There is something about childhood, when a wicked imagination and feeling of social isolation can be both overwhelming and compelling. During these formative years, Charlotte Kemp Muhl and Eden Rice found a kindred spirit in one another. But these were no ordinary little girls. Sharing an eccentric taste for classical literature and a fanciful appreciation of the beauties found in nature, Charlotte and Eden developed esoteric communiqués, first through language and then through sound. Along their respective paths to actualization, the pair was separated and reunited, lost and found, and once again with each other seek truth through art – only this time, the outside world is allowed to peek in and see their own reflection.
In the haziness of late summer, the duo will release their debut album Black Hole Lace, a dreamy record that juxtaposes angelic melodies with feelings of dystopic dissonance. A sort-of baroque folk sound represents the meeting of their classical learnings in an Americana setting of suburban Georgia, and how it all came together in a gritty New York City. Following their shoot for The WILD, we were lost in a candid conversation that shed light on sides of Charlotte and Eden that were both humble and thoughtful.
Charlotte and Eden’s sisterhood began when they were four and six, respectively, in a suburban oasis surrounded by much rougher areas. “It was very Norman Rockwell,” Muhl recalls, “we were social outcasts.” The pair found solace in birds, fairies, and Shakespeare. As they grew, the two began writing songs with each other, most of which survived to score Black Hole Lace.
Charlotte describes herself as a “cynic,” but this may be ignis fatuus, incongruent with her sincerity. Perhaps “clever skeptic” would be more fitting. She grew up faster than most, pursuing modeling, and independent in New York City at fourteen. With a chip on her shoulder from a strict upbringing, Muhl became somewhat of a nomad. Eventually she was courted by Sean Ono Lennon. Their relationship grew through music and the pair released two albums together as The Ghost of Saber Tooth Tiger, or GHOSTT, whose name comes from a play that Charlotte wrote when she was a kid. Muhl has described their influences as “everything from the Victorian era, to science fiction films, to the macabre, psychedelia and realism.” While Kemp & Eden certainly have a distinct sound from GHOSTT, similar themes can be uncovered.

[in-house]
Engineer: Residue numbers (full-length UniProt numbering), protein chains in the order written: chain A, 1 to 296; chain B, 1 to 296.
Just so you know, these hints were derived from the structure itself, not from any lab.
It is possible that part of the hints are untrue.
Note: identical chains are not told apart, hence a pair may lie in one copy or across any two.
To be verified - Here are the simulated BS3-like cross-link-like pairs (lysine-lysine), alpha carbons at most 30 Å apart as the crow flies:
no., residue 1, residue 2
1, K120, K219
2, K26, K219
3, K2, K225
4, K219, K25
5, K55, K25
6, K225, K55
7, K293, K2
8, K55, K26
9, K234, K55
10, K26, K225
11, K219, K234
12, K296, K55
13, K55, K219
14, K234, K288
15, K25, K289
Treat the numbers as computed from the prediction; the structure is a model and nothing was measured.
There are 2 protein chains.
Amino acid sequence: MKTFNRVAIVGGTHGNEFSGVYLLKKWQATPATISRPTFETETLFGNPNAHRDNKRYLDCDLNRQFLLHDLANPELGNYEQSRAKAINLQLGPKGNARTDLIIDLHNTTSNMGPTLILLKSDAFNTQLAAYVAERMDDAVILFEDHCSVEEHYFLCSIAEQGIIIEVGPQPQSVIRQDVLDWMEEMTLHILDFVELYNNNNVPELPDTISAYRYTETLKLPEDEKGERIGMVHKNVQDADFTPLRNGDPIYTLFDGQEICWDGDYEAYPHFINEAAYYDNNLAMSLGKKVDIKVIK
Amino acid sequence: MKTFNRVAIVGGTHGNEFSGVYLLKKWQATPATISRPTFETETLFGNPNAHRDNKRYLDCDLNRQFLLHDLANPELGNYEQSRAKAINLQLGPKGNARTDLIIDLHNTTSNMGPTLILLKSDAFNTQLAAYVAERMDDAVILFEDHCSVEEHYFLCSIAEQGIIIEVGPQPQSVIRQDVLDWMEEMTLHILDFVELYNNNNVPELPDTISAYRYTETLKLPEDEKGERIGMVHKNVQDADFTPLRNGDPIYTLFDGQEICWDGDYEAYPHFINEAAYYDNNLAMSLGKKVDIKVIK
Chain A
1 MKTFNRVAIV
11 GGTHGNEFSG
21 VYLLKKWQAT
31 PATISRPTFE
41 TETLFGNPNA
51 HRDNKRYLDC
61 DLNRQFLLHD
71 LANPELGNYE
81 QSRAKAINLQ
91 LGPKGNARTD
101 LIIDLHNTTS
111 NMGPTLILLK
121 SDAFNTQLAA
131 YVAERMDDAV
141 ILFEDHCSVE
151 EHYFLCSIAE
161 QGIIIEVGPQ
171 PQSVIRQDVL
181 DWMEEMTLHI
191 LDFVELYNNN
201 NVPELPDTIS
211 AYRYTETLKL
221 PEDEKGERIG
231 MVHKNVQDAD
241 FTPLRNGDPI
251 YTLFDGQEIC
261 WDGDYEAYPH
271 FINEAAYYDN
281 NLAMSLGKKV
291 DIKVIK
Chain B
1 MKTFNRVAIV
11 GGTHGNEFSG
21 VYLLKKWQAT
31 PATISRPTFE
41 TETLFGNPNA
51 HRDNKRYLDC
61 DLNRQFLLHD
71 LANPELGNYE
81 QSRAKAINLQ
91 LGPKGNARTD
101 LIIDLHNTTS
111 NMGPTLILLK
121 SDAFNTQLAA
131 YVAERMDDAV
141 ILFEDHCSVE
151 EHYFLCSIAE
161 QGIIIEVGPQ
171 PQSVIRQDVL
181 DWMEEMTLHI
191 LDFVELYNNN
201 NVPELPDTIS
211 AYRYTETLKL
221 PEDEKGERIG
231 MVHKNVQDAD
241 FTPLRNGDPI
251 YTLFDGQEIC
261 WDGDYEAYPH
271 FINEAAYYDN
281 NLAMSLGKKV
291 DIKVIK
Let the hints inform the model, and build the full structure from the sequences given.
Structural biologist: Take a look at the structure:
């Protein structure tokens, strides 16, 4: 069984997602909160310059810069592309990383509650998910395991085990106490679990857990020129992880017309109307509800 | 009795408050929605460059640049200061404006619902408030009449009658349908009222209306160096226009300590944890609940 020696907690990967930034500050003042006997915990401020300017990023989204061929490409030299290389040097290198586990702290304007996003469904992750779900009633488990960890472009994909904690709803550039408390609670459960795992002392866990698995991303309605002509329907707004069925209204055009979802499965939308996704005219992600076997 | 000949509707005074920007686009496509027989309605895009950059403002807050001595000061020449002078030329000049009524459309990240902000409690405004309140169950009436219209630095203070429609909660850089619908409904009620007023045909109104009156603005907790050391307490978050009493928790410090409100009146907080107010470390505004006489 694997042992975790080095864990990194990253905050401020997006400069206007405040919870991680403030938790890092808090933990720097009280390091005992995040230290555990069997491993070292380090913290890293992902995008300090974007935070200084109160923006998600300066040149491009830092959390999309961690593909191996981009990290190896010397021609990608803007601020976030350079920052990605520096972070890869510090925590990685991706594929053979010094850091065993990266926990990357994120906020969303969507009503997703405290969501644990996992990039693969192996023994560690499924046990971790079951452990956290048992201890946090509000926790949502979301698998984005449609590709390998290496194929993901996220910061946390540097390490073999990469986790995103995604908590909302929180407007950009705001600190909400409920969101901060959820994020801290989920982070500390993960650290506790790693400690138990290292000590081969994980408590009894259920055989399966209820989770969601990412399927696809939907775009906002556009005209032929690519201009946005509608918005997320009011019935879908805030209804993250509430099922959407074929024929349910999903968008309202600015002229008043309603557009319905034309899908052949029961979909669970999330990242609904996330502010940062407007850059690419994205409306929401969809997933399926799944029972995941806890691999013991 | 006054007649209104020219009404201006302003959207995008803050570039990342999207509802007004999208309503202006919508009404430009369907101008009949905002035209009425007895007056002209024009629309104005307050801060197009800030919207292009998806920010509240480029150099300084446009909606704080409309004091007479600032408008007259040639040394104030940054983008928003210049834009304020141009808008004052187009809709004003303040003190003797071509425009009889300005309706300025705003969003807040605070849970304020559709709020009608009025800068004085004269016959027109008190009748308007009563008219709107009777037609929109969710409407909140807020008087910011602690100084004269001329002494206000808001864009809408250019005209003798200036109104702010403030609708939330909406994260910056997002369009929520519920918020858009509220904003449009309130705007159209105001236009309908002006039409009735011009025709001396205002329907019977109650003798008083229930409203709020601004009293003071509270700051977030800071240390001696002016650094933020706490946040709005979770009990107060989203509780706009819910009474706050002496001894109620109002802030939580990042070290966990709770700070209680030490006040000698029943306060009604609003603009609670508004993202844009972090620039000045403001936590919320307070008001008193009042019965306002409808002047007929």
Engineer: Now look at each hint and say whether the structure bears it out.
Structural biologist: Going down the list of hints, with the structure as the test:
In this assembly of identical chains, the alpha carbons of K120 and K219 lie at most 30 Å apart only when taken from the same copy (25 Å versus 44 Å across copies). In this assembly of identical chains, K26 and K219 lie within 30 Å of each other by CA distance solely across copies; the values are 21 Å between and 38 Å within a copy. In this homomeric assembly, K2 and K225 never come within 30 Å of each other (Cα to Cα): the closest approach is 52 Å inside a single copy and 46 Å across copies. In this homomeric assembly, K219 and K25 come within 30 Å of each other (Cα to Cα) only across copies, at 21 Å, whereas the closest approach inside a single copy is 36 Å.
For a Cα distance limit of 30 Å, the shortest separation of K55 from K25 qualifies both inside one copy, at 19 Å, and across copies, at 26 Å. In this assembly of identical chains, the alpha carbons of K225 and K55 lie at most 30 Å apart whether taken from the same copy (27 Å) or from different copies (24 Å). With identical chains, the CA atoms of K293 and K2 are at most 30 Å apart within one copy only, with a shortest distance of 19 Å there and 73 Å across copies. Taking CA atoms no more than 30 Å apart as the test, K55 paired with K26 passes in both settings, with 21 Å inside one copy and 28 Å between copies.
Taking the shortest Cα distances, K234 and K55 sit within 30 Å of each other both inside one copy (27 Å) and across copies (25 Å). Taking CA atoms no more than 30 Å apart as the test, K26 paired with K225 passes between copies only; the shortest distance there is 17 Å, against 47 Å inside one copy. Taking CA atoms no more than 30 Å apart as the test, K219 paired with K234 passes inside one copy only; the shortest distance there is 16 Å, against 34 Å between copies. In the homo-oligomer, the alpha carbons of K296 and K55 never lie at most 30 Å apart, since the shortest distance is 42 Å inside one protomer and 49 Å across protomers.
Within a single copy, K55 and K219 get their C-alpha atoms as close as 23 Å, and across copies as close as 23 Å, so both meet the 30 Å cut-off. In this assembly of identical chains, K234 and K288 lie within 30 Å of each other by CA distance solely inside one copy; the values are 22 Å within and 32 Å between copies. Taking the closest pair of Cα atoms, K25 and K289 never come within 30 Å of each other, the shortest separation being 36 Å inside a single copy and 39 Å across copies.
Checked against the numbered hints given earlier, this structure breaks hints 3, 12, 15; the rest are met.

Eden, fair-skinned and soft-spoken, has a more romantic outlook than her leery counterpart. Fond memories of her youth color her perspective. As a classically-trained choral singer, her part in the duo makes more complex the musical dynamic. Eden too has other sources of artistic outlet. In her painting, which she describes as “realism, with a touch of the surreal,” she explores an individualism that satisfies different parts of her personality.
“One of my favorite contemporary painters is Dino Valls. His paintings are beautiful and hauntingly bizarre. My other favorites are Yuqi Wang, William-Adolphe Bouguereau, and of course, da Vinci.” After finishing art school, “fate intervened,” and she made the trip north to be with her friend. Today, Muhl and Rice live together in the West Village along with Lennon, Yuka Honda and her spouse, Nels Cline of the band Wilco. One can only imagine the sonic musings coming from the brownstone. “Yuka is kind of our guru, and I’m always asking Nels to show me tricks on the guitar,” Muhl tells me. She and Lennon have a budding collection of “calliopes and other weird circus instruments.” She most recently picked up a glass harmonica, “I love the sound – so eerie and pure.”